Cash-strapped NPA gets a cash injection over the medium-term
The National Prosecuting Authority will get an additional R1.3bn, which will bolster the fight against corruption
The cash-strapped National Prosecuting Authority (NPA) will receive an additional R1.3bn over the medium term, which is set to bolster the fight against corruption.
The additional cash was detailed in the medium-term budget policy statement (MTBPS) tabled in parliament on Wednesday by finance minister Tito Mboweni.
Grouped with a R1bn allocation to Sars, the medium-term budget said “these funding shifts will bolster efforts to combat corruption and improve revenue collection”.
Making more funds available for the NPA is critical, especially in the light of national director of public prosecutions (NDPP) Shamila Batohi telling the portfolio committee on justice and correctional services in July that without urgent intervention it would be “extremely difficult to meet the demands on the NPA”.
One of President Cyril Ramaphosa’s key promises since he took the reins has been to restore the integrity of the NPA. While his appointments of Batohi and Hermione Cronje, the head of the new investigating directorate, have been hailed, the critique has been that the government has not put its money where its mouth is in the fight against corruption.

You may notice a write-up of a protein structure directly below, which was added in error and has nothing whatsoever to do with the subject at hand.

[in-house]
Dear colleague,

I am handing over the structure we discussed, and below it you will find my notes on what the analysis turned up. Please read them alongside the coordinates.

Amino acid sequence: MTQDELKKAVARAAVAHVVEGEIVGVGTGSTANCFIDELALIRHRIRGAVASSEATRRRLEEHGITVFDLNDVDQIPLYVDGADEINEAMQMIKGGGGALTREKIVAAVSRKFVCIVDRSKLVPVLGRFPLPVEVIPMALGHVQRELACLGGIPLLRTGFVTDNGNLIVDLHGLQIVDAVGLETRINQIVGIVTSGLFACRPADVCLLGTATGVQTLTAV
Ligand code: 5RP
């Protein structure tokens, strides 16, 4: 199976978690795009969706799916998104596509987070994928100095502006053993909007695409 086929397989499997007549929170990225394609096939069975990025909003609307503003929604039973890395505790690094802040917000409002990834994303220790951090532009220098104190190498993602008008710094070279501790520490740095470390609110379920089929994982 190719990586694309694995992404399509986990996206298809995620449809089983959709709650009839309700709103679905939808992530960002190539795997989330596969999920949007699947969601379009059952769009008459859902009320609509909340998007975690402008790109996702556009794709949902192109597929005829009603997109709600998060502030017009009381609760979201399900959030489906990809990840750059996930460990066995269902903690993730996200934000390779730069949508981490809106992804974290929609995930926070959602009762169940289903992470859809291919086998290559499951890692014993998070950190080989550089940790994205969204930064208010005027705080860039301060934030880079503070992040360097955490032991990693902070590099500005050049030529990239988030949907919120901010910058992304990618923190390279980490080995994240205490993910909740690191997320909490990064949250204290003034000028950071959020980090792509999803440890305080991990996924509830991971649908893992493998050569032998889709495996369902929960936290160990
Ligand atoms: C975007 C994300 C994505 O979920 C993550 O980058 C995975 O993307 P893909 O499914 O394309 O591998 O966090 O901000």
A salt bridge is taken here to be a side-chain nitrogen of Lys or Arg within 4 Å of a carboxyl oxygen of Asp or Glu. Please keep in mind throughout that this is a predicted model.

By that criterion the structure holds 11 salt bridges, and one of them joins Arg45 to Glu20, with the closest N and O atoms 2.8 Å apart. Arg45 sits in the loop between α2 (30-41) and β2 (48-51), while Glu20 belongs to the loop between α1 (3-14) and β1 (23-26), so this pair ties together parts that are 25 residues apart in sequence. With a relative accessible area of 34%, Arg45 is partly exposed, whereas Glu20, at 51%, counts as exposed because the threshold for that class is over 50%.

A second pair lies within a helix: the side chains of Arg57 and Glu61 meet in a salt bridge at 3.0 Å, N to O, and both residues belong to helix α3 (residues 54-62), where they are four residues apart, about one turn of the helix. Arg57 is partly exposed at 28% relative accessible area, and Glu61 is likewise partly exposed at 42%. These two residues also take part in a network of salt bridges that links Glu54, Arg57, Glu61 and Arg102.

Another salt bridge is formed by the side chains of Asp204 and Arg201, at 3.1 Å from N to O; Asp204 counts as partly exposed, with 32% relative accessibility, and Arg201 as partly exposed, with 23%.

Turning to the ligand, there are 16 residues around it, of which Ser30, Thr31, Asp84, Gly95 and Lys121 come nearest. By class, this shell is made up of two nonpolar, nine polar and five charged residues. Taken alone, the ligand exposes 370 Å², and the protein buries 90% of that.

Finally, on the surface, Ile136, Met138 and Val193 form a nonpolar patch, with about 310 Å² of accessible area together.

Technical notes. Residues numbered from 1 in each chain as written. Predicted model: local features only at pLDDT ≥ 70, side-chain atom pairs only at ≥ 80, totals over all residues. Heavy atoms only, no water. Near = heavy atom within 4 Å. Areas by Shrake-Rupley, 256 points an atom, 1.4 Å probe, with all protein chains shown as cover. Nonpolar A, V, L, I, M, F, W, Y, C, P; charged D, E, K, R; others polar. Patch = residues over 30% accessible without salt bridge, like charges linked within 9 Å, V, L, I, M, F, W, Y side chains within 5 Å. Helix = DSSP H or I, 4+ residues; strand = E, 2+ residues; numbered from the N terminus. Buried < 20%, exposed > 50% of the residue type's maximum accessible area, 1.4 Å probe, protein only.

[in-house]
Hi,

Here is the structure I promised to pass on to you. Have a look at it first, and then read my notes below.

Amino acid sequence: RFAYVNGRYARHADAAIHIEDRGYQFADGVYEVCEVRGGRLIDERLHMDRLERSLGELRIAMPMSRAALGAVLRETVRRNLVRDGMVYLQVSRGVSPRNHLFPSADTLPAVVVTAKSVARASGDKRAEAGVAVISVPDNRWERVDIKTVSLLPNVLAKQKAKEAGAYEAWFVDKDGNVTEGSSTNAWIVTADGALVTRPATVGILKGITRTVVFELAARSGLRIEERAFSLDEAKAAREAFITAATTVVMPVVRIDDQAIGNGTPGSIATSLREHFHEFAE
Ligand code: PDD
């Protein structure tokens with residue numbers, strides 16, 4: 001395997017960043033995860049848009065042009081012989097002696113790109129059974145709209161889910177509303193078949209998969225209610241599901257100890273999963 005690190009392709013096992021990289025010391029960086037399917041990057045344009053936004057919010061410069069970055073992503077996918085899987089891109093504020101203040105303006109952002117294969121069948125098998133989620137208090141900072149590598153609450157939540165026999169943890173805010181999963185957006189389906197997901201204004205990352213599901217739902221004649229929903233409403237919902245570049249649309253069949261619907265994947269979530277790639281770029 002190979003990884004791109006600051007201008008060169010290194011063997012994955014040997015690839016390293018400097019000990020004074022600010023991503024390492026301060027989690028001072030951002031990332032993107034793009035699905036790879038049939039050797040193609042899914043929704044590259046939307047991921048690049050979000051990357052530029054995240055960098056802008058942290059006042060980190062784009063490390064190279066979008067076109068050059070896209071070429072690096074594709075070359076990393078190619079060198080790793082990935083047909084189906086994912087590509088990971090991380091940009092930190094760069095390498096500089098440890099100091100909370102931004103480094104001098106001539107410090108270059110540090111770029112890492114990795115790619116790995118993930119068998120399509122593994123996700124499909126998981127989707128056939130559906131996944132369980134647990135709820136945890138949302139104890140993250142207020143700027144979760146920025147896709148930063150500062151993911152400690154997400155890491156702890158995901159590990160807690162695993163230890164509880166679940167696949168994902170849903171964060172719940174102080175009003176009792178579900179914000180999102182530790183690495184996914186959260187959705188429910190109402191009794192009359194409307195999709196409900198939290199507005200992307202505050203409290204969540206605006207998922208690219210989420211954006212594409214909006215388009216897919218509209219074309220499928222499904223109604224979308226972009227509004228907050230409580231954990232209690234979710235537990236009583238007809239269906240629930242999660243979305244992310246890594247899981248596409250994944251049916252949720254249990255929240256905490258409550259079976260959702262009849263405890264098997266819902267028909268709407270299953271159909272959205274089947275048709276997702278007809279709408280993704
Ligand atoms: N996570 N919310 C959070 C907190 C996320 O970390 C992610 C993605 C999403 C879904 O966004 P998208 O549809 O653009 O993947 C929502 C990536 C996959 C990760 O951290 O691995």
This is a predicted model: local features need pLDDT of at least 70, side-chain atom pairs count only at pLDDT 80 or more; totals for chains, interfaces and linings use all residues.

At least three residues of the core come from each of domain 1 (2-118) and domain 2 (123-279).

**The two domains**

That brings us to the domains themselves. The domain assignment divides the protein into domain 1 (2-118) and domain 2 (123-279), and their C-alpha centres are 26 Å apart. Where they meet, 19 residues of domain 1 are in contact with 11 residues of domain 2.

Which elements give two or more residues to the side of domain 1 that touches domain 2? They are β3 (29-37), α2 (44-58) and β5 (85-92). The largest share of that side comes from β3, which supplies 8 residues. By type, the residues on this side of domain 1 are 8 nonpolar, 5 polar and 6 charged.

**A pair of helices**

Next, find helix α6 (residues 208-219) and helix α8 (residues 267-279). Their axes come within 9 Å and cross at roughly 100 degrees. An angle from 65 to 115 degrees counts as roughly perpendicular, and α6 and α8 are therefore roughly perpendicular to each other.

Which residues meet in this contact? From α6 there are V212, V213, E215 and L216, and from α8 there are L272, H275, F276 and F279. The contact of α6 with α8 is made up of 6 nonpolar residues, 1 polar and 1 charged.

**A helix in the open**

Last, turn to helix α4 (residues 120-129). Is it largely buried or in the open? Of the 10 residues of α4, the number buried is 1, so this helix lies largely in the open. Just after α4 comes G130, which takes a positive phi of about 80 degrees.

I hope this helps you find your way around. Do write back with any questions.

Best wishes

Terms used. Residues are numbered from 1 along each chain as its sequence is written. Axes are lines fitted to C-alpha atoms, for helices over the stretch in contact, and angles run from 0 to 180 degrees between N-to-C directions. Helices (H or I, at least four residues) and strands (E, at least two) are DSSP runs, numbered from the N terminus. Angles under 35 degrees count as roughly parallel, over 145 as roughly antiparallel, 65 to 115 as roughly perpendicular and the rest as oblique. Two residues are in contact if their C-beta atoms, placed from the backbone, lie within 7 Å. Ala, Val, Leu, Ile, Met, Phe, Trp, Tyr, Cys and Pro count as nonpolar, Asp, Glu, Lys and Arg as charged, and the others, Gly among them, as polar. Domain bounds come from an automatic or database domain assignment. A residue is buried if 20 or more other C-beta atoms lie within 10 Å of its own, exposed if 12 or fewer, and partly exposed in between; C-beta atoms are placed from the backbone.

The priorities over the medium-term for peace and security are to improve efficiency and integrate interventions across different departments and entities within the justice, crime prevention and security cluster.
“From the 2020 medium-term expenditure framework period onwards, funding will be re-allocated from the SA Police Service to other departments and entities within this function to implement the integrated criminal justice strategy,” the medium-term budget said.
Some of these funds will be used to improve prosecution capacity, including for the sexual offences and community affairs unit that focuses on violence against women.
Funds will also be used to finance various corruption-fighting units and to combat cyber-crime.
“Funds will also be re-allocated to the directorate for priority crime investigation [the Hawks] to appoint additional investigators to address the backlog of corruption cases, and to the departments of defence and home affairs to enhance border security,” the medium-term budget said.
Glynnis Breytenbach, the DA’s spokesperson on justice, who is also a former senior state prosecutor, said the additional allocation of R1.3bn is “wonderful” and that it will go some way to alleviate the NPA’s problems. “If they use the money sensibly, they can certainly use it to make a difference.”
Batohi said she was extremely heartened by the additional budget injection into the NPA.
She said it reflected a significant vote of confidence from the president and the minister of finance.
Batohi said they did not take it for granted, as the NPA knew how much of a balancing act Mboweni must have had in the reprioritisation process.
"The budget will go a long way in addressing the major capacity and skills constraints the NPA is facing and will contribute to improving morale and the service delivery environment for prosecutors," she said.